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title: 'The Day book. (Chicago, Ill.) 1911-1917, March 09, 1914, NOON EDITION, Image 12',
meta: 'News about Chronicling America - RSS Feed',
Image provided by: University of Illinois at Urbana-Champaign Library, Urbana, IL
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privations; the methods of lives of
those who work.
It goes into strange - places. It is
looking at "flop" houses, not ledgers;
at grading camps and dirt of.beds and
cheap mess tents, not at figures.
Instead of figures, the Industrial
Commission has started to ,paint
few word pictures. An impression
istic thing has just been put together
on that little affair out in California
known as the "hop pickers' riot."
What was that? Why was that?
What does it mean to society? What
is the disease of which that was a
This investigator tells some whole
some truths about that little hop
pickers' affair and the I. W. W.'s
activities in California.
The hop-picking camp in question
contained a,t the time of the trouble
some 3,000 men and women, of whom
only 100 carried I. W. W. cards, while
seven or eight 'hundred were hoboes
quite ready for the doctrines of revo
lution. Says the report:
"At least one-half the campers
were absolutely destitute, and those
who worked were forced to cash in
their checks each evening to feed tent
companions. A great number had ho
blankets and slept on piles of straw
thrown onto the tent floors. One
group of forty-five men, women and
children slept packed closely on a sin
gle pile of straw.
"Wages were paid at the rate of
$1 per 100 pounds of hops picked.
Five or ten cents of this was withheld
to be paid as bonus to those who
stayed out the season. There is some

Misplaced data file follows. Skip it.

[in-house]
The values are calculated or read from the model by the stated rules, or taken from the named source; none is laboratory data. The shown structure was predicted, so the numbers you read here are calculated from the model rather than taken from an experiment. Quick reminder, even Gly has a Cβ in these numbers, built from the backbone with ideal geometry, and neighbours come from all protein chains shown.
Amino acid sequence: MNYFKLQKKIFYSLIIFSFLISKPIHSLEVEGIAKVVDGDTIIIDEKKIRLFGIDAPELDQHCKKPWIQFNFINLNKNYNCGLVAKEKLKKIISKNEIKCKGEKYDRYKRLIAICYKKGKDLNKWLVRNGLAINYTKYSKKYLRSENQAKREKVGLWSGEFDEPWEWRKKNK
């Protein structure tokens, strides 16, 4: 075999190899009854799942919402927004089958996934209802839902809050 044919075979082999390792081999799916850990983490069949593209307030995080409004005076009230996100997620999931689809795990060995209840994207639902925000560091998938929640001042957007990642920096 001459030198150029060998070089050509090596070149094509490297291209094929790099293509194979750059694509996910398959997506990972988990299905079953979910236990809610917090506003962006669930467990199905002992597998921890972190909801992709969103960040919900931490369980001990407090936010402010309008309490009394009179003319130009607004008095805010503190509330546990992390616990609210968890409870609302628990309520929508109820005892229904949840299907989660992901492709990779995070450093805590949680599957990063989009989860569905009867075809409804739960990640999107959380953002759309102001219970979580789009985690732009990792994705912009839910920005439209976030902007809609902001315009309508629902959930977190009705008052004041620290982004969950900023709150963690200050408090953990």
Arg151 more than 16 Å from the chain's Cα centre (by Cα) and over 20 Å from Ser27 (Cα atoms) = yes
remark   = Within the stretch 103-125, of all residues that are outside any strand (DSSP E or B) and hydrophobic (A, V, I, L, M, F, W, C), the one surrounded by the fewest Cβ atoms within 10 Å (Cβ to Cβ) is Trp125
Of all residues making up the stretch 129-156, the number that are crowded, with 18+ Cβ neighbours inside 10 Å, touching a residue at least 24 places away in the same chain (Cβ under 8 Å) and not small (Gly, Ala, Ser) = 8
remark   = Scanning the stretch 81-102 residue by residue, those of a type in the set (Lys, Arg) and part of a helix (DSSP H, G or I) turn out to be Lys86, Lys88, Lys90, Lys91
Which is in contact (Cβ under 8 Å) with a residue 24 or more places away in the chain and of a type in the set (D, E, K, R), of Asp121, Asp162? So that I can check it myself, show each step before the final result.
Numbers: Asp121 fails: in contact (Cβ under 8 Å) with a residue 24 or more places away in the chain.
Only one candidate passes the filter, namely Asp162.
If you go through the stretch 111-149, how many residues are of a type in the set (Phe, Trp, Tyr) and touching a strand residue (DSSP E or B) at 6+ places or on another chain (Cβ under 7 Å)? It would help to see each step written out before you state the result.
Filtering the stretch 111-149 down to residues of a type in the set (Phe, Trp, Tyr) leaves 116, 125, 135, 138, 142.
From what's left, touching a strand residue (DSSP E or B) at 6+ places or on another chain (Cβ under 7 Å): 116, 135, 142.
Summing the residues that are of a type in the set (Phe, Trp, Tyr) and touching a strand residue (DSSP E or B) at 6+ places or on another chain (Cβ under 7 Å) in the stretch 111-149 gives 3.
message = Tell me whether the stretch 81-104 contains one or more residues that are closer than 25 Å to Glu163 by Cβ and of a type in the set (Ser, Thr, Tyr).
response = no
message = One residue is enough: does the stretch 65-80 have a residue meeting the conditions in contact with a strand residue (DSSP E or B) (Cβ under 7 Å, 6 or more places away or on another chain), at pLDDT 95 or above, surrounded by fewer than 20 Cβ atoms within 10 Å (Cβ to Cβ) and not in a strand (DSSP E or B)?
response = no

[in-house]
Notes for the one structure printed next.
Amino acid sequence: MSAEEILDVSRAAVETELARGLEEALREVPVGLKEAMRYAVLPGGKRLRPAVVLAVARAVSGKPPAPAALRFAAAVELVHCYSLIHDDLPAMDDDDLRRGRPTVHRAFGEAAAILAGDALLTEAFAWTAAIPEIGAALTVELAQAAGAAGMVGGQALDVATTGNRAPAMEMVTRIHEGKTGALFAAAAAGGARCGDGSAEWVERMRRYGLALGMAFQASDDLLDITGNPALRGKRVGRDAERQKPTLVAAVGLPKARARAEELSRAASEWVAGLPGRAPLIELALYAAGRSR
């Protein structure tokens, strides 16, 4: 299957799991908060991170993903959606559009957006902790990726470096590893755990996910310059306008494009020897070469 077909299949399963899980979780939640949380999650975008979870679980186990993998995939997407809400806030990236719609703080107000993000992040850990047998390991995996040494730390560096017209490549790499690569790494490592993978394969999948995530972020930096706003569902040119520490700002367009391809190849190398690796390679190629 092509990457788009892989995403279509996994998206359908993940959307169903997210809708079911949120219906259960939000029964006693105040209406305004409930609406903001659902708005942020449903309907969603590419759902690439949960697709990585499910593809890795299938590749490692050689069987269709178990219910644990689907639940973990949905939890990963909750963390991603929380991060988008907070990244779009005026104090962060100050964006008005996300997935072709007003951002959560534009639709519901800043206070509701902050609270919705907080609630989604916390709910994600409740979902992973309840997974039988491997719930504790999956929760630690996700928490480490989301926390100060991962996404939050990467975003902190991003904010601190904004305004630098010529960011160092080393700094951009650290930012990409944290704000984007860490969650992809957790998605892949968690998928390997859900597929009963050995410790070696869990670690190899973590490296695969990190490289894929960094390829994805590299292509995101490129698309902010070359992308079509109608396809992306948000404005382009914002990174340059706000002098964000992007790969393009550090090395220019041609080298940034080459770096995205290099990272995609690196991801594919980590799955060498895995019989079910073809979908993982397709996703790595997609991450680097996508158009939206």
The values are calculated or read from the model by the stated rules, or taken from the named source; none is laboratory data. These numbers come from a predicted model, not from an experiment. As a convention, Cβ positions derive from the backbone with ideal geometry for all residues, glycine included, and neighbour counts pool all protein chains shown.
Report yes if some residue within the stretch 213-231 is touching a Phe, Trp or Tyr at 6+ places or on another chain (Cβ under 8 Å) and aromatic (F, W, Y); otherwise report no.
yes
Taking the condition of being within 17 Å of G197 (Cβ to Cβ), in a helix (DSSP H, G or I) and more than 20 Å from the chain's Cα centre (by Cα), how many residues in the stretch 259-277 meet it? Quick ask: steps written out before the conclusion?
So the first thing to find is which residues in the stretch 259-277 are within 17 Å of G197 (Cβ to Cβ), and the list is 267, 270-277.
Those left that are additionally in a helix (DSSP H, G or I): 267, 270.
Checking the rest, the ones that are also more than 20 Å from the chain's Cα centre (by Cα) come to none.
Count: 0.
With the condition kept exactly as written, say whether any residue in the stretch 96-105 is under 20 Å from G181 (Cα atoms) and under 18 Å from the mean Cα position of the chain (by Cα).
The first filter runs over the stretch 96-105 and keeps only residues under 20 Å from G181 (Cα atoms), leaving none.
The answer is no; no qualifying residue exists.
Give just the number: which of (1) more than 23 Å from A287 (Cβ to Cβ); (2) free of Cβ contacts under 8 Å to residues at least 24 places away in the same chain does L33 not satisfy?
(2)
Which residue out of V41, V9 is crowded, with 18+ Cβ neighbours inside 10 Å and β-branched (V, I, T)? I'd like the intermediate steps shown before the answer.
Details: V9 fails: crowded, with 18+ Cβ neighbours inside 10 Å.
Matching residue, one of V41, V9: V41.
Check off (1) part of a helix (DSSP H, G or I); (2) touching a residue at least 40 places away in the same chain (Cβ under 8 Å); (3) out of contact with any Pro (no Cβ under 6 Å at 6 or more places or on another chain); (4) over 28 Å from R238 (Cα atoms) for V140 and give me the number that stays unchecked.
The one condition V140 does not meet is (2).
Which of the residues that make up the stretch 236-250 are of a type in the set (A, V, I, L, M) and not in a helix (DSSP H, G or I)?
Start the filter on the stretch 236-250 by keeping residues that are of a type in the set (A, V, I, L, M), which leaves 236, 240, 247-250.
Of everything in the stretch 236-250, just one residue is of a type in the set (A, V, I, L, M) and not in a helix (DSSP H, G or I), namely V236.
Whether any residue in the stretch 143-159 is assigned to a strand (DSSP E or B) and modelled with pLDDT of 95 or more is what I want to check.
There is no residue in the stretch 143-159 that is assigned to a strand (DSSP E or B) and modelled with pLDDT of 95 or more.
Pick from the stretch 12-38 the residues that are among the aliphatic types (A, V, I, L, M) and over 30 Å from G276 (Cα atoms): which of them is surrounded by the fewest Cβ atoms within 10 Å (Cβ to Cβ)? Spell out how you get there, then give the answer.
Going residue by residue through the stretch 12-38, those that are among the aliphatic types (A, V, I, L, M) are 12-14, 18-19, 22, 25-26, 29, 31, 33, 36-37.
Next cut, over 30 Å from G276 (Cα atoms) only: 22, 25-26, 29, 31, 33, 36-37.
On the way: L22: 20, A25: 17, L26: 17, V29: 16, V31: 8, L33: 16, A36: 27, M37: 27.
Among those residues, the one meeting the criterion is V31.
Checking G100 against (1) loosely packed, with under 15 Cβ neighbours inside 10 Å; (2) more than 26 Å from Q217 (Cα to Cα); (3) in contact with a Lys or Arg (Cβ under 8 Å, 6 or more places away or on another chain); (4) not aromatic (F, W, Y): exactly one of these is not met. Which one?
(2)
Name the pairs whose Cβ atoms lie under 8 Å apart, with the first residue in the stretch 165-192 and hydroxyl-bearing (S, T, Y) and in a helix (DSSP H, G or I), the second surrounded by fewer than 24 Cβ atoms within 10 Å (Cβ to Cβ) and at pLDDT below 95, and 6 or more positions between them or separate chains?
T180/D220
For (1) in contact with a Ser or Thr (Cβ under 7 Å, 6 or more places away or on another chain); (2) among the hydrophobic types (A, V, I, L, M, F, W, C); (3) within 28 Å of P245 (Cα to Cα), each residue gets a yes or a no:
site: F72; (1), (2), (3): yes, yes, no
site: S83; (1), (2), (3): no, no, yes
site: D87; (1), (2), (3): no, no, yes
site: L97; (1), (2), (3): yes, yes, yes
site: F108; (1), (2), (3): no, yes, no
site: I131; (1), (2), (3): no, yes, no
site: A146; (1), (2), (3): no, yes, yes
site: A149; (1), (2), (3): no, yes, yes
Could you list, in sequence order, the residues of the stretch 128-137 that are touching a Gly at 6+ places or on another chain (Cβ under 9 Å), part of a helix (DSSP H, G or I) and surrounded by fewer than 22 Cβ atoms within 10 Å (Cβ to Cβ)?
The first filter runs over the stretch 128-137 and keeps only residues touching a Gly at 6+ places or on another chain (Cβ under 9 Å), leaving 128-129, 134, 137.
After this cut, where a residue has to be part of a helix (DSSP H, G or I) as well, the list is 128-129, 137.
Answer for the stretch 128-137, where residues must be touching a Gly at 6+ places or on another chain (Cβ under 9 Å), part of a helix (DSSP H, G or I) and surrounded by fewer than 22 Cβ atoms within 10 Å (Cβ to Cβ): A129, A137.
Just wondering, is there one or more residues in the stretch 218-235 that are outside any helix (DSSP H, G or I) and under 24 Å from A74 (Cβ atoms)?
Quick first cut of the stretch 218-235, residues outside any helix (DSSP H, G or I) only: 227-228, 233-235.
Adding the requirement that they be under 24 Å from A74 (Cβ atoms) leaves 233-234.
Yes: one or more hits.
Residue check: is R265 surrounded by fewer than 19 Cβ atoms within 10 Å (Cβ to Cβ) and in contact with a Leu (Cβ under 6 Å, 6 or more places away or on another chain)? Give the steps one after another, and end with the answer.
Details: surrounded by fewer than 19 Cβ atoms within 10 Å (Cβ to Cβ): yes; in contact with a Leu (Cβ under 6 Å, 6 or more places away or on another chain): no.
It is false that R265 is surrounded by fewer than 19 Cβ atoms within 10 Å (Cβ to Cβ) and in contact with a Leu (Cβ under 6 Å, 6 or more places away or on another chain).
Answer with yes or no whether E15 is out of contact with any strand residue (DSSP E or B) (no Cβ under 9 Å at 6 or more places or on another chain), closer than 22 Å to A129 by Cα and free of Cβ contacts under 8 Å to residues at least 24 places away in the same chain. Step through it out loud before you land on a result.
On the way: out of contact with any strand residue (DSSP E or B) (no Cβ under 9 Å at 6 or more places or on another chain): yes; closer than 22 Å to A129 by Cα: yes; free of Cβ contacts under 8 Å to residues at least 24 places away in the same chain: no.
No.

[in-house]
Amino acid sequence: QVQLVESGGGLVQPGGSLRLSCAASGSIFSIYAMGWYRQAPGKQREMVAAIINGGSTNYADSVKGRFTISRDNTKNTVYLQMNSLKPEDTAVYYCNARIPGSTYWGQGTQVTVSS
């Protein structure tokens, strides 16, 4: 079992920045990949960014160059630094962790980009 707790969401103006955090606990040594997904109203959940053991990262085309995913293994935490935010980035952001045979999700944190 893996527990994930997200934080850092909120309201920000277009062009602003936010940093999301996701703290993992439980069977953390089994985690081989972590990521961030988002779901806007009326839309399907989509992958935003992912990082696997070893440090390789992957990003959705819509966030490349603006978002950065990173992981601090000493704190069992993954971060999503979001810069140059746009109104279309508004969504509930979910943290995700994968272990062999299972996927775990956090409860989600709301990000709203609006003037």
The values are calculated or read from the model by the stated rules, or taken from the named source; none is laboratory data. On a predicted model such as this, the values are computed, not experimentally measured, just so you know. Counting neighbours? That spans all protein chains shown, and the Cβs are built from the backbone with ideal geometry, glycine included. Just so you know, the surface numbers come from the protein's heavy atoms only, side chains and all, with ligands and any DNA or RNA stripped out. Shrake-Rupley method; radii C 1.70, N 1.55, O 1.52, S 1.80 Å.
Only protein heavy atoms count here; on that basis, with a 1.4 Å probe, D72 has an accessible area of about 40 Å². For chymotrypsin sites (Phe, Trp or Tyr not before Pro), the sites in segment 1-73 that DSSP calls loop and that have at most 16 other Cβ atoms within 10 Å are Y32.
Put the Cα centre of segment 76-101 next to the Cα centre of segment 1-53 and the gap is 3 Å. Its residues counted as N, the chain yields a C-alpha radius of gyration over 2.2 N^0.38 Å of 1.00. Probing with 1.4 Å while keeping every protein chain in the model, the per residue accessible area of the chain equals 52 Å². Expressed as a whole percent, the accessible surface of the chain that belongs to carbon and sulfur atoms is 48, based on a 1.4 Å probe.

reason to believe that the owner was
very conscious that conditions on his
ranch made it improbable that many
would stay the season out, and it has
been calculated that forfeitures ac
cruing to him were probably $100
The report describes the arrival of
the sheriff's posse in automobiles,
firing shots into the air and the en
suing riot in which District Attorney
Manwell, Deputy Sheriff Riordan, a
negro Porto Rican and an English
boy were shot and killed and many
"The-question. of what persons
were guilty of the murder seems, in
comparison with the deeper . social
economic responsibility, of insigni
ficant importance," continues this re
port. The remedy proposed by the com
mission was suggested by L W. W.
leaders themselves. "They have
volunteered a cure," says the report.
"It Is to clean up the housing and
wage problem of the seasonal worker.
The shrewdest I. W. W. leader I found
said: .'We can't agitate in the coun
try unless things are rotten enough
to bring the crowd along."'
o o .
A gentlemen a lady meets,
Upon a windy day;
As soon as he's found out theyfre silk,
He looks the other way.
" o o
. . , '
She I think music is a gift, don't
Prof. No, indeed; it is not! I
charge one dollar an hour for lessons.